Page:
How to protect the Windows Remote Desktop

Exposing on public network, internet, your own Windows or one of the corporate servers via Remote Desktop, could be a must … Inevitable. However, there may be problems with unauthorized access/intrusion. Our Remote Desktop could thus turn into a very dangerous Trojan horse for the entire internal network.

How do I know? How can I protect the server?

That's what we're going to talk about.

  1. What to check
  2. How I protect my Remote Desktop
  3. Firewall to protect remote top desk
  4. General advice

What to check

To monitor access logs, for any suspicious activity, you should know that system accesses are tracked in the event viewer (eventvwr). By searching for the event with ID 4642 we will be able to analyze the logins performed over time.

Time is a key factor when you suspect an intrusion, in fact, the log is usually overwritten very quickly. So look at its size.

How to see events.

To access Event Viewer with the Windows interface you can go to Control Panel. So:

System and Maintenance > Administrative Tools > Event Viewer.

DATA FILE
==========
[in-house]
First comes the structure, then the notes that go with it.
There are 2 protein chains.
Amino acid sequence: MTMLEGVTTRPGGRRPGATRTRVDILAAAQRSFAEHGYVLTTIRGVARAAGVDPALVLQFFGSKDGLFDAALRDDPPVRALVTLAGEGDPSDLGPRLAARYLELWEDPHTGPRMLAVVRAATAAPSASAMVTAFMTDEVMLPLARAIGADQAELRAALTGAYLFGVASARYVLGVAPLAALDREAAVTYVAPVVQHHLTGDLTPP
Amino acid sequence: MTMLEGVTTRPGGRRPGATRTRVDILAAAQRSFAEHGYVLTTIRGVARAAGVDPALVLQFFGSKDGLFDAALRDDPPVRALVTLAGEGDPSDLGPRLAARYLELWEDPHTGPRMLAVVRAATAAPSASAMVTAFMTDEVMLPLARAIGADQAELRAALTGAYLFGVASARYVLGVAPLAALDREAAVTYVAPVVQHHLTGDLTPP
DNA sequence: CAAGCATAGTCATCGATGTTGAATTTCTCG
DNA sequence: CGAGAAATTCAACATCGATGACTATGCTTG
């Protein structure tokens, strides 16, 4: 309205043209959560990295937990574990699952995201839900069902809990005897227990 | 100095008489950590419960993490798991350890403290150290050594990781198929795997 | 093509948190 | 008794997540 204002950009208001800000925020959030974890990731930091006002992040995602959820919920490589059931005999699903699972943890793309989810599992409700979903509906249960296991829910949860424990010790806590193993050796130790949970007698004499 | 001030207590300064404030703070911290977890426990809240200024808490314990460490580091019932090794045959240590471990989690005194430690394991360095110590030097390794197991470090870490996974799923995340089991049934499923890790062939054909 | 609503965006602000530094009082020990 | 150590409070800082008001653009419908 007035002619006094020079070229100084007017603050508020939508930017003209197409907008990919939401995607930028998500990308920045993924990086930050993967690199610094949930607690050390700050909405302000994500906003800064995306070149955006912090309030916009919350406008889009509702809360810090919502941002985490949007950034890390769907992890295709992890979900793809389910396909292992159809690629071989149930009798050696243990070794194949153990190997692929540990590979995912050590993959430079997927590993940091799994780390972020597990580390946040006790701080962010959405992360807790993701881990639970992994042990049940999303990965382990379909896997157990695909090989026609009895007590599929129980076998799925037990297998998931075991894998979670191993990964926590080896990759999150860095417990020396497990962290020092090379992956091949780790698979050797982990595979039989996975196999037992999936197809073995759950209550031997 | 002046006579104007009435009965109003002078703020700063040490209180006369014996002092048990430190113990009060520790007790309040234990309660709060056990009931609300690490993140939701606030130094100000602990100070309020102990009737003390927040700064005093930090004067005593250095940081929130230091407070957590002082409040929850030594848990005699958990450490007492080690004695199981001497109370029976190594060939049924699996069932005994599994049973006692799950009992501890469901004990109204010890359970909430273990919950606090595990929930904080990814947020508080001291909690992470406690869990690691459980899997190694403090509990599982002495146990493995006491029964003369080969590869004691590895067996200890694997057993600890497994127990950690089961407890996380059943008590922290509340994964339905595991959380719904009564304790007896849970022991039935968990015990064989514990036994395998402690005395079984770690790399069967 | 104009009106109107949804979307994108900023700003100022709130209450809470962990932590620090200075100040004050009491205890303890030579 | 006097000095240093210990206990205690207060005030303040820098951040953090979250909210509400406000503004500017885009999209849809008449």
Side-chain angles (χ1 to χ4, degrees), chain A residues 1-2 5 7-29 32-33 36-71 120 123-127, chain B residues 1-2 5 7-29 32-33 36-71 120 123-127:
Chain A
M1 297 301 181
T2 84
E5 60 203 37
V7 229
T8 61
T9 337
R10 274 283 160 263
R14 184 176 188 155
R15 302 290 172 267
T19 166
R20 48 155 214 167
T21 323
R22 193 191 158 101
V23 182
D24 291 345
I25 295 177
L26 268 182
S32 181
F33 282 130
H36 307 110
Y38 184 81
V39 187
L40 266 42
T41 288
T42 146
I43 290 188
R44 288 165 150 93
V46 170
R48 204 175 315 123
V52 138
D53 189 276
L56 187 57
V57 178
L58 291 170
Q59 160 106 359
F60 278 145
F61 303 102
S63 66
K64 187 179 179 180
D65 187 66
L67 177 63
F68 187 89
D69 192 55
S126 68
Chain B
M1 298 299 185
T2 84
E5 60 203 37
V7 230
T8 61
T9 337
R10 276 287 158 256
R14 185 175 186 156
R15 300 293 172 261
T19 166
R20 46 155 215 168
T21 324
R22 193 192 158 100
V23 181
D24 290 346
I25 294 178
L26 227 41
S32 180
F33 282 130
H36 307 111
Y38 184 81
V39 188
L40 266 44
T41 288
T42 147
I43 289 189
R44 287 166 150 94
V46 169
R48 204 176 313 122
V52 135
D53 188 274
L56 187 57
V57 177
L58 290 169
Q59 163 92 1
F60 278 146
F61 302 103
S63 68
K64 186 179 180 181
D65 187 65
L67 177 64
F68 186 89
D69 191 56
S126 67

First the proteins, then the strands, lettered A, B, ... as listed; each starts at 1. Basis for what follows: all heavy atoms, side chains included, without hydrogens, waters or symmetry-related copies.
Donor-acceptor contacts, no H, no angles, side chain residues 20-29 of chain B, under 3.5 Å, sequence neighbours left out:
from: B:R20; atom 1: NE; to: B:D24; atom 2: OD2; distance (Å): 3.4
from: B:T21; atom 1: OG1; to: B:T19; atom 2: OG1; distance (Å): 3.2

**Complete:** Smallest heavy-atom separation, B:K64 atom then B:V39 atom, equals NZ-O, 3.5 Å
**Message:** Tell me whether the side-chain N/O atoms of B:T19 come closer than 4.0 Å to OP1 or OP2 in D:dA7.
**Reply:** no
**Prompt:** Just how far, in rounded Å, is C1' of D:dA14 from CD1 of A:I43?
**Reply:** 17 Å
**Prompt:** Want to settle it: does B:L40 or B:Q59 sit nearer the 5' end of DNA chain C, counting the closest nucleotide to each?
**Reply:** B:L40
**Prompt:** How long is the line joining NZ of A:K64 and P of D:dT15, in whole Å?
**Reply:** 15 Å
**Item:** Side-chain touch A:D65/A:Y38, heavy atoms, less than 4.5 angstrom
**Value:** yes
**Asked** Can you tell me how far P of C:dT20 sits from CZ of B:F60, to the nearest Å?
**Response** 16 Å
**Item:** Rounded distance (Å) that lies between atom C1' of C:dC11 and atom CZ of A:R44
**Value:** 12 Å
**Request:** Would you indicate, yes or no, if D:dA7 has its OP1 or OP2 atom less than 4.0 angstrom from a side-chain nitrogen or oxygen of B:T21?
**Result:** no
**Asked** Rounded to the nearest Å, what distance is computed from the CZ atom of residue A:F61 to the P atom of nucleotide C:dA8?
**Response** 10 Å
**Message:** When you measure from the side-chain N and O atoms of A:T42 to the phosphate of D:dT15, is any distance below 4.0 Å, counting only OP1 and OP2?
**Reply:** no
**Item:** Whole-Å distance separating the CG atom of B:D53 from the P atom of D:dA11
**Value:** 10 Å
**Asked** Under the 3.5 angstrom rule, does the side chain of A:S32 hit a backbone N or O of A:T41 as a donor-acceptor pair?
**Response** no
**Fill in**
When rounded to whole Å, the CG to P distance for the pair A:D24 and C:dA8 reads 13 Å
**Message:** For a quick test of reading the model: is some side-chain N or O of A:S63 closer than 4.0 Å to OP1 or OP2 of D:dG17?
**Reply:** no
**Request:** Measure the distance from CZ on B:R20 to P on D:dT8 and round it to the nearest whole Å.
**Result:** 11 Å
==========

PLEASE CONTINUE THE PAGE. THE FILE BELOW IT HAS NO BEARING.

Filtering by ID 4642 you will be able to have all the information we are looking for.

How I protect my Remote Desktop

Here is a list of only 4 points to effectively protect your remote desktop.

  1. Password policy. Strong passwords and change mandatory at least every 90 days.
  2. Limit the maximum number of failed logins per account.
    • Also in the Local Security Policy, the Account Policies>Account Lockout Policy are placed. Here you can set the lockout threshold. I'd put in a maximum of 4 attempts.
    • A lot of attention! If it is your account that gets blocked … think about the consequences.
  3. Do not allow remote access to users who belong to the "administrators" group.
  4. Do not allow remote access to users in the "everyone" and "guest" group.

For steps 3 and 4 I recommend that you read the article carefully

Firewall to protect remote top desk

We will definitely have a firewall upstream of our Windows host, through which we will have set rules to expose in our Desktop. You should:

  • Set rules to restrict access to only authorized IPs.
  • Set any time-based rules (typically a desktop is used to work during business hours).
  • Evaluate for external access, VPN technology.

If you don't have an upstream firewall, you can, as a last resort, use the Windows firewall.

General advice

In the end I can advise you to reflect on these simple points.

  • Isolate the server. If you need to access other systems, I recommend that you do not store passwords for accessing other systems on the network.
  • Update your operating system with the security patches offered. Needless to say, patches are also not always solutive: this point, if applied alone, can be completely ineffective.

Comments? Do you want to discuss something? Write below or contact me by any means. Hello!

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